© 2023 Blaze Media LLC. All rights reserved.
Federal Judge Says Gun Owners Need not Provide 'Good Reason,' Rules Maryland Law Unconstitutional

Federal Judge Says Gun Owners Need not Provide 'Good Reason,' Rules Maryland Law Unconstitutional

On Monday a Federal judge ruled that Maryland residents do not have to provide a "good and substantial reason" to legally own a handgun, striking down the state's current requirement for obtaining a permit as unconstitutional.

According to Fox News, U.S. District Judge Benson Everett Legg wrote that while states are allowed some leeway in deciding the way residents exercise their Second Amendment rights, Maryland's goal was to limit the number of firearms that individuals could carry. He felt the state was essentially creating a rationing system that only rewarded people who provided the right reason as to why he or she wanted to own a gun.

"A citizen may not be required to offer a 'good and substantial reason' why he should be permitted to exercise his rights," Legg wrote. "The right's existence is all the reason he needs."

Fox explains:

Plaintiff Raymond Woollard obtained a handgun permit after fighting with an intruder in his Hampstead home in 2002, but was denied a renewal in 2009 because he could not show he had been subject to "threats occurring beyond his residence."

Woollard appealed, but his appeal was rejected by the review board, which found he hadn't demonstrated a "good and substantial reason" to carry a handgun as a reasonable precaution. The suit filed in 2010 claimed that Maryland didn't have a reason to deny the renewal and wrongly put the burden on Woollard to show why he still needed to carry a gun.

"People have the right to carry a gun for self-defense and don't have to prove that there's a special reason for them to seek the permit," said Woollard's attorney Alan Gura, who Fox reports has challenged handgun bans in the District of Columbia and Chicago as an attorney with the Second Amendment Foundation. "We're not against the idea of a permit process, but the licensing system has to acknowledge that there's a right to bear arms."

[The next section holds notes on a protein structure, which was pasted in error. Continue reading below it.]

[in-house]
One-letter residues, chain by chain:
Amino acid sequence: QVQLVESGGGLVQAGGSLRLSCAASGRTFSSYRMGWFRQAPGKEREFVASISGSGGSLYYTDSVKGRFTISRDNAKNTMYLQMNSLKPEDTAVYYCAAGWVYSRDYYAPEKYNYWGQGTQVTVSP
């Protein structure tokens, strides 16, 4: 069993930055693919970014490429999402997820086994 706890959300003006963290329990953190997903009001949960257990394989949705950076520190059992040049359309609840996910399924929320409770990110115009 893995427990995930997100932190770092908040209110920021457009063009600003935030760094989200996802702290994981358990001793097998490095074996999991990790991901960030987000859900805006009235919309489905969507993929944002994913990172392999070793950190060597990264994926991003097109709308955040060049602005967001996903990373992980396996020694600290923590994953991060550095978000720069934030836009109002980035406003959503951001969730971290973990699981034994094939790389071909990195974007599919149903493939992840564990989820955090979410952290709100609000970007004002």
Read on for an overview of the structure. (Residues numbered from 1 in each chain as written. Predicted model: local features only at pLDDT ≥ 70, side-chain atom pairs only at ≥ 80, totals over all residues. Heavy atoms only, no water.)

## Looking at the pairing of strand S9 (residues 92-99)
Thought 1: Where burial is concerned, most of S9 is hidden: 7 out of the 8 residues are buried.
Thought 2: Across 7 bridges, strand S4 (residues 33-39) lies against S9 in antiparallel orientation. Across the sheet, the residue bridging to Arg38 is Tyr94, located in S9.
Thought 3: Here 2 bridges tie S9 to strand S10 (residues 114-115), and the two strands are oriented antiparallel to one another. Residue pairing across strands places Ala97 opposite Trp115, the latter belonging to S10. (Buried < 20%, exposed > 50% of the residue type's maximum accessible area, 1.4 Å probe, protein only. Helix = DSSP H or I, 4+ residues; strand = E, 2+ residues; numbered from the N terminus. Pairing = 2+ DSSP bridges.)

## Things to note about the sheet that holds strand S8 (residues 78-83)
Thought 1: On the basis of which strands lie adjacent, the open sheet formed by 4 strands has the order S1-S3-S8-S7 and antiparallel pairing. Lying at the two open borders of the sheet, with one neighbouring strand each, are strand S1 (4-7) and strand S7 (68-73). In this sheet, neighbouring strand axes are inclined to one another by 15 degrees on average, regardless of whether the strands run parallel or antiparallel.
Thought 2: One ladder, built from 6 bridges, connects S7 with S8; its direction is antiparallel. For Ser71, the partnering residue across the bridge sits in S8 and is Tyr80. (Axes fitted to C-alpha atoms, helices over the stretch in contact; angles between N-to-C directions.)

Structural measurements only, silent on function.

He added, "In addition to self-defense, the (Second Amendment) right was also understood to allow for militia membership and hunting. To secure these rights, the Second Amendment's protections must extend beyond the home: neither hunting nor militia training is a household activity, and 'self-defense has to take place wherever (a) person happens to be.'"

SAF founder and Executive Vice President Alan M. Gottlieb affirmed "Judge Legg's ruling takes a substantial step toward restoring the Second Amendment to its rightful place in the Bill of Rights and provides gun owners with another significant victory."

"The federal district court has carefully spelled out the obvious, that the Second Amendment does not stop at one's doorstep, but protects us wherever we have a right to be," he added.

Fox adds:

The lawsuit names the state police superintendent and members of the Handgun Permit Review Board as defendants. A spokesman from Maryland's attorney general's office was not immediately available to comment.

Many states require gun permits, but six states, including Maryland, issue permits on a discretionary basis, Gura said. In most of those states, these challenges have not succeeded in U.S. District Courts, but they are being appealed, he said.

"Most states that choose to regulate the right to bear arms have licensing systems that are objective and straightforward," Gura said. "That's all that we want for Maryland."

(h/t: Fox News)


Want to leave a tip?

We answer to you. Help keep our content free of advertisers and big tech censorship by leaving a tip today.
Want to join the conversation?
Already a subscriber?